By Sydney H. Schanberg
Published in New York Newsday December 10, 1993
Sending a high-level delegation to another government usually suggests acceptance of that government and its policies. On the other hand, a message of dissatisfaction can be carried by a low-level functionary, whose secondary status reinforces the reproof.
My reference is to Washington’s gentle dealings with the government in Hanoi, which has for years told a steady stream of face-saving lives about the prisoners it kept from the Vietnam War and never returned.
The latest demonstration of willingness to overlook those lies will be made next week, when Assistant Secretary of State Winston Lord leads a delegation to the Vietnamese capital.
For public consumption, the State Department’s advance rhetoric searched for a firm tone. A spokesperson said that Lord, in his talks with the Vietnamese, “would reiterate that any further steps in U.S.-Vietnamese relations will depend strictly on tangible progress in the POW-MIA accounting.”
But Lord himself, while stressing the need for a full accounting, gave the Hanoi regime high marks. “They have been going all out,” said the assistant secretary of state. “I think it’s fair to say this is the single best year in terms of… cooperation and so on that we’ve had since the war. The prospect is, on the basis of continued Vietnam cooperation, you will continue to see an incremental approach to better relations.”
This is the language of softball diplomacy, not hardball démarche.
President Bill Clinton, in his brief time at the helm, has already further relaxed the 18-year-old economic embargo against Vietnam. This carries on a tradition begun by George Bush that seems based on the theory of history that you can put a national trauma behind you by pretending that the truth has been told and the questions answered.
This pretense, regrettably for the White House, runs smack in the face of the hard evidence of unreturned prisoners, evidence that has surfaced and multiplied so markedly in recent years that no shred of credibility remains of the contention by the cover-uppers that all prisoners came home in 1973.
The question has never been whether men were held back by Hanoi as bargaining pieces for economic reparations but rather what happened to them. Highly credible sources report that very recent intelligence, including Washington’s own satellite photography, suggests that some may still be alive, if not on Vietnamese soil itself, then in Hanoi-dominated Laos.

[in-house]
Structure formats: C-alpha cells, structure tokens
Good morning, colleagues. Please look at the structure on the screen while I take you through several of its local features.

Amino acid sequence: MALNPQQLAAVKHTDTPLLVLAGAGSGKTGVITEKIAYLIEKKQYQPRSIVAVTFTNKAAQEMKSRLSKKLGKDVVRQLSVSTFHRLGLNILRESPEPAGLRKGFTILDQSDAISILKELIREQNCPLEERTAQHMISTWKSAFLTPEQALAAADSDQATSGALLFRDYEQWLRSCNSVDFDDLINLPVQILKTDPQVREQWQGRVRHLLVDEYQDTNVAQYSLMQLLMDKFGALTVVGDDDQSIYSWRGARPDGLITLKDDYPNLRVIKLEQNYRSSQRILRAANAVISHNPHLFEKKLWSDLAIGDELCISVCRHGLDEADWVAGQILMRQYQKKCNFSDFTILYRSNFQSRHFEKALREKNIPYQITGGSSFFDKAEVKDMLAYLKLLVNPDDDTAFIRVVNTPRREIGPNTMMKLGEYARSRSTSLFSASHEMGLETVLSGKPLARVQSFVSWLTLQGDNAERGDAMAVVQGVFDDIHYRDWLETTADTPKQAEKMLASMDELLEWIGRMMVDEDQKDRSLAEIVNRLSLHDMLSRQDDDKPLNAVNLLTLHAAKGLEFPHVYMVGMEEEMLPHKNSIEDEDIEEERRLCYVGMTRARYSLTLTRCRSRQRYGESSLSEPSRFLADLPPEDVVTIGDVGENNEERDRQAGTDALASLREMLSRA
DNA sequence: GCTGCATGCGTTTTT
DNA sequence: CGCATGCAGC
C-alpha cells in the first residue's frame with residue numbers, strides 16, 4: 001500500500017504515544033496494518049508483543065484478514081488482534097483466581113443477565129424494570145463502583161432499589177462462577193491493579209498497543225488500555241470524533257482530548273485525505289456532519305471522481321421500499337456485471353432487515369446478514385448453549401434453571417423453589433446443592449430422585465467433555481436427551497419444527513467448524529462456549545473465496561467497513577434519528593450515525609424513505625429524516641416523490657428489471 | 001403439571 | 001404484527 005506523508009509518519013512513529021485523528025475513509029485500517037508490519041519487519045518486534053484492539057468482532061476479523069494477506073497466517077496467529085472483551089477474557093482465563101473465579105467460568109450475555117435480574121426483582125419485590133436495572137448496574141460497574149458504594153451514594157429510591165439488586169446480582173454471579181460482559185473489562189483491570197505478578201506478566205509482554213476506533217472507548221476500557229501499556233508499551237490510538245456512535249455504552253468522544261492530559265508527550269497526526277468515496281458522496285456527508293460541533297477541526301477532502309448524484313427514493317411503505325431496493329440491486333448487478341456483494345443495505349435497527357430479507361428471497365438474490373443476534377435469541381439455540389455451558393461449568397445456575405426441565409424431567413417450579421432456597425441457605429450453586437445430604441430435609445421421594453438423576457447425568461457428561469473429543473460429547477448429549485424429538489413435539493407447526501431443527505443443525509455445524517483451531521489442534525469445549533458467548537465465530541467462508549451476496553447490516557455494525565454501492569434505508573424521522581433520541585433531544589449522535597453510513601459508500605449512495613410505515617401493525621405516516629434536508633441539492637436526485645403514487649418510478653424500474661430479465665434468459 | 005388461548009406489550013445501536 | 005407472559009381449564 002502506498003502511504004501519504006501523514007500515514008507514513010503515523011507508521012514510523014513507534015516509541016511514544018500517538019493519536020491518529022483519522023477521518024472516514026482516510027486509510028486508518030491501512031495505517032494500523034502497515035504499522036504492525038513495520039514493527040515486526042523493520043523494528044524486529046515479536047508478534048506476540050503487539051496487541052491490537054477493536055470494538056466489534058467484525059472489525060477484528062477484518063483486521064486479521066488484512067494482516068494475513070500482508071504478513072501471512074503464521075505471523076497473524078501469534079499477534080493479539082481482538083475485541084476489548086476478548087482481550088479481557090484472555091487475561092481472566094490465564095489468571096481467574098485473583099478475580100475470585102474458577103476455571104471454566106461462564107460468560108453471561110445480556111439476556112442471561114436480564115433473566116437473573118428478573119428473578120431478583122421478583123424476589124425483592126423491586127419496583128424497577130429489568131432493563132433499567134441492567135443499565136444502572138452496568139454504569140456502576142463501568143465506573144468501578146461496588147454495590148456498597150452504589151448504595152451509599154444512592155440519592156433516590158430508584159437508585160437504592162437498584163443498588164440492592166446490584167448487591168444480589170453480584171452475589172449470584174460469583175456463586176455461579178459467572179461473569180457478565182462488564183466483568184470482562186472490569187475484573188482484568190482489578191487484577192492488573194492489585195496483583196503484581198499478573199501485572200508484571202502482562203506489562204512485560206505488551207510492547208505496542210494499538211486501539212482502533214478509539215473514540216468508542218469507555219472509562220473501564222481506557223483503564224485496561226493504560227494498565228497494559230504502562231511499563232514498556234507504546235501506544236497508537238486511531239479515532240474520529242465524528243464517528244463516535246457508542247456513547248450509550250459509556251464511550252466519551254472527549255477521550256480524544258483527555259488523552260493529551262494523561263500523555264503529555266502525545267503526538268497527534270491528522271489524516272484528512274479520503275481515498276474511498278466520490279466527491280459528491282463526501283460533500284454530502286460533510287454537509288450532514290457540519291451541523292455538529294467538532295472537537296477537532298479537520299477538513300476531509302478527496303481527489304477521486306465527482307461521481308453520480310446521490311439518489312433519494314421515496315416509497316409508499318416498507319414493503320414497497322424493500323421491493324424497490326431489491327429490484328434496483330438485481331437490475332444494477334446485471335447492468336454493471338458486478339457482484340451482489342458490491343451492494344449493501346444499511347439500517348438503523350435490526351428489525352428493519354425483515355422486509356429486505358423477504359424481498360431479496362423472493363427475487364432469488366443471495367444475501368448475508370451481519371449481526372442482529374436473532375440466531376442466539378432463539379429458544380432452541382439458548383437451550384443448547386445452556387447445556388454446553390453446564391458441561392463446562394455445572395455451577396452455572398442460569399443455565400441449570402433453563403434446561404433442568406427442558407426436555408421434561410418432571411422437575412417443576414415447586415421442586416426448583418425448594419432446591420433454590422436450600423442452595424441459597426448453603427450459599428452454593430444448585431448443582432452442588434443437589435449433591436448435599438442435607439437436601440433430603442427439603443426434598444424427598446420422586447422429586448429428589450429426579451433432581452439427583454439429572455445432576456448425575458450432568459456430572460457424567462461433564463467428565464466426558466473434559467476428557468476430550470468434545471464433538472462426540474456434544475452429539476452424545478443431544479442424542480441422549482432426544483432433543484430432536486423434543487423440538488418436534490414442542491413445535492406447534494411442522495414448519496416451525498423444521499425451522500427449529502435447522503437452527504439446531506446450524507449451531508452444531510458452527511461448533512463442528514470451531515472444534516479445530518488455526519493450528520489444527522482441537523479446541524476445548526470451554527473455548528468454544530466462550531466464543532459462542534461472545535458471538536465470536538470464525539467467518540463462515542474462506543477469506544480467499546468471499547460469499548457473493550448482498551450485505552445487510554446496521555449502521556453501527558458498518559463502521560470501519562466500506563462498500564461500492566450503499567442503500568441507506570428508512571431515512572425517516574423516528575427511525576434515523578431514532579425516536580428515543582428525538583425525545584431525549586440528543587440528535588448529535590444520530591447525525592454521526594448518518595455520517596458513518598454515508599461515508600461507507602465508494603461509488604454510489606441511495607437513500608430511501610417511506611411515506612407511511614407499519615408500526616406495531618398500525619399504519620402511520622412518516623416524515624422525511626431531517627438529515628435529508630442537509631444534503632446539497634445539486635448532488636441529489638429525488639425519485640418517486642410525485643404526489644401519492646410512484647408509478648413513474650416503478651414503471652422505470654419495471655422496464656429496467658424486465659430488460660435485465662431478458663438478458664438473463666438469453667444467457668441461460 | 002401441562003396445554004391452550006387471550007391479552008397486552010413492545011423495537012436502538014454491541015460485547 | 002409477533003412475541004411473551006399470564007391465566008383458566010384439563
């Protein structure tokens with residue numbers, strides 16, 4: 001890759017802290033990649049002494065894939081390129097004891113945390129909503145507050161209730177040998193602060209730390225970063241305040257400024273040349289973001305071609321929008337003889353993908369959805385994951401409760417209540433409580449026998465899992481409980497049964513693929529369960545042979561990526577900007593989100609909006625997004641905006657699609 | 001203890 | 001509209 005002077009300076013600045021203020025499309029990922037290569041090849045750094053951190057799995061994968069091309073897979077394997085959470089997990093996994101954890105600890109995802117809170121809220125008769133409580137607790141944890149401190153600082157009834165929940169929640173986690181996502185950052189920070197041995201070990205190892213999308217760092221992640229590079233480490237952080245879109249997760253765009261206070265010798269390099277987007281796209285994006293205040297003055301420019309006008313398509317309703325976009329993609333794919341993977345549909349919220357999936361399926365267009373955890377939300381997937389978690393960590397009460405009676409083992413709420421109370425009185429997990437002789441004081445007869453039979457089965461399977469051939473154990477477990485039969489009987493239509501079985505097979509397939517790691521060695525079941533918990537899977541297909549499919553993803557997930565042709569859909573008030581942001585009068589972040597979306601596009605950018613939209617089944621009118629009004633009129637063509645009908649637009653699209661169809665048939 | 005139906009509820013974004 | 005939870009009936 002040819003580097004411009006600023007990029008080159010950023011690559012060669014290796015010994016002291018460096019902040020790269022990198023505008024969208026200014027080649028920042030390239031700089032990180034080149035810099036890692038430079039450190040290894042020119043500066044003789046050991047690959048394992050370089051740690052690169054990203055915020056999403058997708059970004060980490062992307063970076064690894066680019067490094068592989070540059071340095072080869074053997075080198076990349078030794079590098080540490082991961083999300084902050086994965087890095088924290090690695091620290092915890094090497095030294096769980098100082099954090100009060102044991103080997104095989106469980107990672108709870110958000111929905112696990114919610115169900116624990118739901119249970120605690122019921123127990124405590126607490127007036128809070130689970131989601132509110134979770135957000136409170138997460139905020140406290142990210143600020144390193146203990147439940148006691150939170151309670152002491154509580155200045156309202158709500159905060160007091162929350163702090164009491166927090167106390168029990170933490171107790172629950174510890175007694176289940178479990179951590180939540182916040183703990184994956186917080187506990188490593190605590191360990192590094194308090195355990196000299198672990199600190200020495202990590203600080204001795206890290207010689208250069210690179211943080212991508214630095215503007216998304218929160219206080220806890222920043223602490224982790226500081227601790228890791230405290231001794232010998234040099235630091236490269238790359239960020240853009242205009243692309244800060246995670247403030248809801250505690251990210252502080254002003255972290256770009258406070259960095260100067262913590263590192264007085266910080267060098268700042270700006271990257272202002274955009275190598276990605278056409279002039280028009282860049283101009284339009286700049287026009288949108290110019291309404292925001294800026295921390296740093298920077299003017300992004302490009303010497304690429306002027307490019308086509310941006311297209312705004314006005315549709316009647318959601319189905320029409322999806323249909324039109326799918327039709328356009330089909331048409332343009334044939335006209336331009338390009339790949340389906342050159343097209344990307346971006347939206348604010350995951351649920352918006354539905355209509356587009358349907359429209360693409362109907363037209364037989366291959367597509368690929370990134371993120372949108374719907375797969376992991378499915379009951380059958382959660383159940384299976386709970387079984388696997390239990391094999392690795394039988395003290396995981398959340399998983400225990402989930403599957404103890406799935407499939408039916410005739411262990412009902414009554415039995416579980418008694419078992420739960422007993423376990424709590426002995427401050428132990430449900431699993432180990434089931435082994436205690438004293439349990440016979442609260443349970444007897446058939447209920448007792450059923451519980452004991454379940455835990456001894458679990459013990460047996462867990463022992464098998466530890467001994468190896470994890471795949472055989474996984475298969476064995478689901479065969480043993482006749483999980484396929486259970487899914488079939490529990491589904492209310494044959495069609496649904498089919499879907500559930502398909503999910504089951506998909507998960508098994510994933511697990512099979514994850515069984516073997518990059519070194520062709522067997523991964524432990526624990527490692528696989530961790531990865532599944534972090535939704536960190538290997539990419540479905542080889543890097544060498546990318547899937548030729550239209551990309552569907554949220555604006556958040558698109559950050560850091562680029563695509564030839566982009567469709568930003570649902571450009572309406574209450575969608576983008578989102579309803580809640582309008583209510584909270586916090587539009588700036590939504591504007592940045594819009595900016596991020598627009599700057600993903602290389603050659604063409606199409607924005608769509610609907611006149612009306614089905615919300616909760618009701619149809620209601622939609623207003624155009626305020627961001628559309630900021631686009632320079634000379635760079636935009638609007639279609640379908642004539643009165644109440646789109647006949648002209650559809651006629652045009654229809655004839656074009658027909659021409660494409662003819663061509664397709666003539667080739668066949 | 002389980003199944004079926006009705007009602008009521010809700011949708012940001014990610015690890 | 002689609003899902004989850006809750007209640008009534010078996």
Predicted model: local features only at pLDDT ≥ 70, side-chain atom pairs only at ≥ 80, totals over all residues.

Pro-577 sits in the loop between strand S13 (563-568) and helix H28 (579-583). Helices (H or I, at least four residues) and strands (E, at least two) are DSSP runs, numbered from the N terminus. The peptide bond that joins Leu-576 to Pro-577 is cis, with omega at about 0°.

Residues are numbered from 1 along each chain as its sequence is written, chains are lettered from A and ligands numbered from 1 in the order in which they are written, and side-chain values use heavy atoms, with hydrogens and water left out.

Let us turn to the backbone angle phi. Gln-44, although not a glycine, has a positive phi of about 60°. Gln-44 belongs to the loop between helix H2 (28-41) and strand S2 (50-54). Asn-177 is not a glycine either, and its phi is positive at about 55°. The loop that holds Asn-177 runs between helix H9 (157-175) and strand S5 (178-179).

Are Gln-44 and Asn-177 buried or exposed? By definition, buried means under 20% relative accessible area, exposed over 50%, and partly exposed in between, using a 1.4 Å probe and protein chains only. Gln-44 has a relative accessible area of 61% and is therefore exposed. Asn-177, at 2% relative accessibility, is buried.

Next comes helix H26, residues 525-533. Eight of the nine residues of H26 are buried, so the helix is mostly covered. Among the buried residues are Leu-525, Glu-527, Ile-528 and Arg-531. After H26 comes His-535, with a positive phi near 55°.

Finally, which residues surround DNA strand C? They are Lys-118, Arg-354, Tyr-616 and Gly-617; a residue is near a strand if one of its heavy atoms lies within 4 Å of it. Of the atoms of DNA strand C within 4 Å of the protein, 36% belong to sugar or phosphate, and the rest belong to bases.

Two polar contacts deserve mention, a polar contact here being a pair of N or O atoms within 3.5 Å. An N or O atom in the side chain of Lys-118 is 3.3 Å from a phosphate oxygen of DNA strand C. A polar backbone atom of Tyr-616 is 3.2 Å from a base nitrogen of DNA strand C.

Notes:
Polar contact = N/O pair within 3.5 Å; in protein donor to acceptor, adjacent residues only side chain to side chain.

The lies have not been told by Vietnam alone. Washington has known since the signing of the peace accords in 1973 that the 591 men sent back represented a list that was short by several hundred of the numbers held by Hanoi. But just as North Vietnam could never admit it had kept these men, neither could Washington tell the American people that in its haste to extricate itself from that war, it had broken faith with captured soldiers. As time passed, the truth became even harder to tell, for short of admitting a hostage situation and reviving the war, there was nothing to do but engage in eventually futile covert cross-border probes and pretend there was nothing wrong. Hanoi wanted reparations money and Washington steadfastly refused to pay ransom. History offered a different model, one provided by the French who had failed before us in Vietnam and who brought back their prisoners over the years. In five successive White Houses, from Richard Nixon through Bush, ransom was viewed as an option that could make a president look weak and cripple his political future.
And now we wait to see whether bill Clinton can stand up to history and take on its political risks. The signs are not encouraging.
I offer you today but one of those signs — the makeup of the Winston Lord delegation to Hanoi. He is taking along, among others, Edward Ross, a man from the Pentagon who has made a career out of keeping the prisoner evidence out of public view.
He has not been punished for this. On the contrary, he has risen. His latest promotion came under Clinton’s defense secretary, Les Aspin. Ross was put in charge of the Pentagon policy office that supervises the prisoner issue — the DPMO — the Defense POW/MIA Office.
Most recently, he tried to discredit what is known as the Quang report, a document found in Soviet archives dated Sept. 12, 1972, just six months before the 591-man prisoner return. Described by the Russians as a Vietnamese general’s report to the Hanoi politburo, it said the Vietnamese were actually holding 1,205 American prisoners.
Ross’ unit is a policy office, yet he has been allowed to put the Pentagon’s POW intelligence operation under his control umbrella, violating a fundamental canon against making an intelligence apparatus vulnerable to political pressures.
This is but a small sampling of Ross’ activities, and yet he was chosen to represent the Pentagon at the upcoming Hanoi talks.
As long as men like him, and there are many, are running Washington’s POW/MIA operation, we are never going to get the truth. And without the truth, how in the world can we put Vietnam to rest?